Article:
I had plans to test a ton of recipes for the cookbook while up home, of writing half the book, of doing a tour of royal proportions of my family in the area…but instead I just spent the whole time on the couch. It was kinda lovely though. Mum giving me old family cookware to use as props in the cookbook (and also to use in real life of course); Dad discussing asset sales with me; my younger brother making me never prouder by bringing up the Bechdel test out of nowhere while we were talking about movies. My nana surprising me by appearing in the car that picked me up from the airport, my godmother dropping in with a gift of lemons and chillis, my old babysitter who’s now a prison warden (no coincidence I’m sure) visiting after years and years away. And me on the couch, wrapped up in a feather duvet, in front of a constantly going fireplace. It was excellent.
I should also mention me discussing how much I loved the cats with the cats themselves. They were fairly impervious to my advancements.
Depending on your tastebuds and their sense of style, this salad might sound weird. Like something that you might have made in the hopes of impressing someone in the late 1970s. Like there’s too much going on, like there’s not nearly enough going on. But it works – the different levels of crunchiness, the nutty sweetness, the salty, oily, sourness – all elements coming together to form something that you won’t be able to eat fast enough, I promise. I normally never peel my carrots by the way, but the ones I found in the fridge were a bit elderly and bendy…you know…so I made an exception. Kindly note the sunny yellow knife, a congratulatory present from Mum for getting the cookbook. And the tea towel came from her too. I told you I had a good time at home.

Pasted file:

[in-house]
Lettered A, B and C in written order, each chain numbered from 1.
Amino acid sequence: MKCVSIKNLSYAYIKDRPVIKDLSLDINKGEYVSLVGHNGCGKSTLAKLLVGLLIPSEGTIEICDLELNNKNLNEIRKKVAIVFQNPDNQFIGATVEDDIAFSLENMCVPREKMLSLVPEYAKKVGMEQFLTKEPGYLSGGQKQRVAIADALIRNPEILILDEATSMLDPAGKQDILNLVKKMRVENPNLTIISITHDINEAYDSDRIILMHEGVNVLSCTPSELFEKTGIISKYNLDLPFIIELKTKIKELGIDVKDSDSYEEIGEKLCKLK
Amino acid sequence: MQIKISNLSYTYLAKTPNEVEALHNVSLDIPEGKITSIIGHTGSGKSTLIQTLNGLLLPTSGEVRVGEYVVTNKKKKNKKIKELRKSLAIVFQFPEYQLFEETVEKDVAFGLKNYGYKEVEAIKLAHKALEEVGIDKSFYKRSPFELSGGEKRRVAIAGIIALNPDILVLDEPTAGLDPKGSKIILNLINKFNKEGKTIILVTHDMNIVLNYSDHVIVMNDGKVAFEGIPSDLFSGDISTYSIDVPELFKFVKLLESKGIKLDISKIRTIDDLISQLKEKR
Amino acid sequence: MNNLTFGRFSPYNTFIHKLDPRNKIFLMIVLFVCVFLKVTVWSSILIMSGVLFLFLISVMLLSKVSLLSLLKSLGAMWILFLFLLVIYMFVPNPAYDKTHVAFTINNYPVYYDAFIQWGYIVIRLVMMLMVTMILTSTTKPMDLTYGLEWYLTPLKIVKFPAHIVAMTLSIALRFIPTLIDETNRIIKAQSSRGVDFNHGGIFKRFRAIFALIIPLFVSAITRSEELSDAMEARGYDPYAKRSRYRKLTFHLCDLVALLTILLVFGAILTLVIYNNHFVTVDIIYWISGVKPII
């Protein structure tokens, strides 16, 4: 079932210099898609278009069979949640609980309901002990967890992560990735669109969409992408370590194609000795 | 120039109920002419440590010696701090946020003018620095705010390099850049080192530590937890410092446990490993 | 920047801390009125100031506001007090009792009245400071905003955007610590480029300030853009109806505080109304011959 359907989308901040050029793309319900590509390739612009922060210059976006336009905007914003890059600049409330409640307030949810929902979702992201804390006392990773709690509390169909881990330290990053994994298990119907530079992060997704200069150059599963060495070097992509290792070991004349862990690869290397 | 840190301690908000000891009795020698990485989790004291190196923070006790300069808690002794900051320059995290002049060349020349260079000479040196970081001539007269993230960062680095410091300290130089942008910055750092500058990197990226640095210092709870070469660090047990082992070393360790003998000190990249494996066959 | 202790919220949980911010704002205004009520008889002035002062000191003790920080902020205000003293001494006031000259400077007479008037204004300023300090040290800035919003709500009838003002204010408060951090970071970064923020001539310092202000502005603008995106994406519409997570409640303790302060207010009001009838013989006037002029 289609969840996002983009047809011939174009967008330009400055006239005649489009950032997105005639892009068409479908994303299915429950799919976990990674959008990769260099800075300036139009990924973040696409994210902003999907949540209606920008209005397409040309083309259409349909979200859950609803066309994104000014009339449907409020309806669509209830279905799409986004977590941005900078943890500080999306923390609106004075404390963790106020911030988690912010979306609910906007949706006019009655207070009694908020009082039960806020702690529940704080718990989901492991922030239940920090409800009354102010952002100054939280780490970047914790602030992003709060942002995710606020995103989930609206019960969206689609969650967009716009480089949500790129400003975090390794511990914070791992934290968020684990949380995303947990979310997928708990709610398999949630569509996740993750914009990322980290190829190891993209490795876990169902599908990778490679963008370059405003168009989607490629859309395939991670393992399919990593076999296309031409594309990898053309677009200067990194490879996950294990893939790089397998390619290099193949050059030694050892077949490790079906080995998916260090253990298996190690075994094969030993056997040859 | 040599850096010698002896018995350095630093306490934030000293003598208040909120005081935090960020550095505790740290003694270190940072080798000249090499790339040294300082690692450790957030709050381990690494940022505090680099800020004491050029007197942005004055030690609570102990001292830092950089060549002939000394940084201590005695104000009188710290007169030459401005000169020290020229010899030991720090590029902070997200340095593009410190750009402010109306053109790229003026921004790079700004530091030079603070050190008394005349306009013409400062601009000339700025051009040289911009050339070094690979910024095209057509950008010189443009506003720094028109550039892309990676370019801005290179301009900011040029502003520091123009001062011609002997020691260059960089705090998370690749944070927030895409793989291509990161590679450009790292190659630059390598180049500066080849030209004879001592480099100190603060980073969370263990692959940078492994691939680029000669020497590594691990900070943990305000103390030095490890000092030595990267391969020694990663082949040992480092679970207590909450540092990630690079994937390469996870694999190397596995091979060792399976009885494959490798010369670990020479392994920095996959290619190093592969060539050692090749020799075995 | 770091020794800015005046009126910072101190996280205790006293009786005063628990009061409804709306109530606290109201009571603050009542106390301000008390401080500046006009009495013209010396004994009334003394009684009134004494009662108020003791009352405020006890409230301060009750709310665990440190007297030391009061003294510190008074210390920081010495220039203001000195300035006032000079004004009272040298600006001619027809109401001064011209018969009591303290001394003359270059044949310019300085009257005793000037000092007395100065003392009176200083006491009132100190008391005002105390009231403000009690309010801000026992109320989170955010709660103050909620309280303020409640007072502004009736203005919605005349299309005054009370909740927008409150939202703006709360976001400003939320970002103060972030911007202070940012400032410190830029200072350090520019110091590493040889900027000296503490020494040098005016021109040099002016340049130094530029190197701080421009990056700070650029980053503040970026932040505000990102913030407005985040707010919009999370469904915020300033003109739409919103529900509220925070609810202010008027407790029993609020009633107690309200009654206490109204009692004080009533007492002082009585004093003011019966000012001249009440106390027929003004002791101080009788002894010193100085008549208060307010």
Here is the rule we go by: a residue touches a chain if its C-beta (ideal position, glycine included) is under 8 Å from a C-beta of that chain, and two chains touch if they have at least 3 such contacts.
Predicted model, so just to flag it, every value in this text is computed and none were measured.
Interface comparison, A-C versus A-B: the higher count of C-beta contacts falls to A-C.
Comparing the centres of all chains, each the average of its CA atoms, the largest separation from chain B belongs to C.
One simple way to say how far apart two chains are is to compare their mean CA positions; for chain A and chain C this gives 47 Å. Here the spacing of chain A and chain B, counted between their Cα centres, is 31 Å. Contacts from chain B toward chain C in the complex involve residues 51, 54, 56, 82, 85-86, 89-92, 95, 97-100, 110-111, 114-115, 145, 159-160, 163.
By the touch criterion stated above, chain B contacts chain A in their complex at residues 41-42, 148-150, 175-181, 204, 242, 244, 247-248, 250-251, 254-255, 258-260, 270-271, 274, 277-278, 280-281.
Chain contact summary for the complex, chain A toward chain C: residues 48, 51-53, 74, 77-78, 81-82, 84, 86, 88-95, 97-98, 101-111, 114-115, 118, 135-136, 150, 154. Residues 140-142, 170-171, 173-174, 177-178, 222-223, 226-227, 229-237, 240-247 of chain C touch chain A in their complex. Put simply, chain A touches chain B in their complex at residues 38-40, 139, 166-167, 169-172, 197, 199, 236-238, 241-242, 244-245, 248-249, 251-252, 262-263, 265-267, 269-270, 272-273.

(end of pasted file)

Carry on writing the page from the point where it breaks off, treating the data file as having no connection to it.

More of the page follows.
The Rainbow Room Carrot and Peanut Salad
From Nigella Lawson’s book Forever Summer.
4 carrots, scrubbed
75g salted peanuts
2 tablespoons red wine vinegar (or apple cider vinegar)
2 tablespoons peanut oil
A few drops sesame oil
Grate or thinly slice the carrots. Mix with the peanuts. Mix in the vinegar and oil. There you have it.
This also works well with salted roasted cashews, if you’re not peanut-inclined. But there’s something in the carrots’ own nutty sweetness that goes so brilliantly here.
I admit, there was one evening in the last two weeks involving Soju and karaoke and red wine. But a dear, dear friend was moving to Japan, so what can you do? I’m pretty sure that the length of this sickness is not due to that one night. Maybe it threw my recovery off-course slightly, but nothing more than that. All I can say is, I’d better be better by the next time I blog here. I don’t want to be sick forever!
Title via: The White Stripes, that enigmatic duo with a permanent place in Tim’s and my hearts, and Well It’s True That We Love One Another, the final track on their album Elephant.
Frank Ocean, Channel Orange – stream the whole stunner mixtape here.
Vulindlela, by Brenda Fassie. I don’t know what she’s singing, but it’s so full of joy and beauty that it doesn’t matter. I mean, I want to know, but this is enough for now.
Nothing like thinking of those worse off than yourself when you’re sick – Fantine’s big number I Dreamed A Dream from Les Mis made me feel positively healthy every time I listened to it. And anything’s more healthy than Patti LuPone’s wig here.
Next time: I. Will. Not. Be. Sick.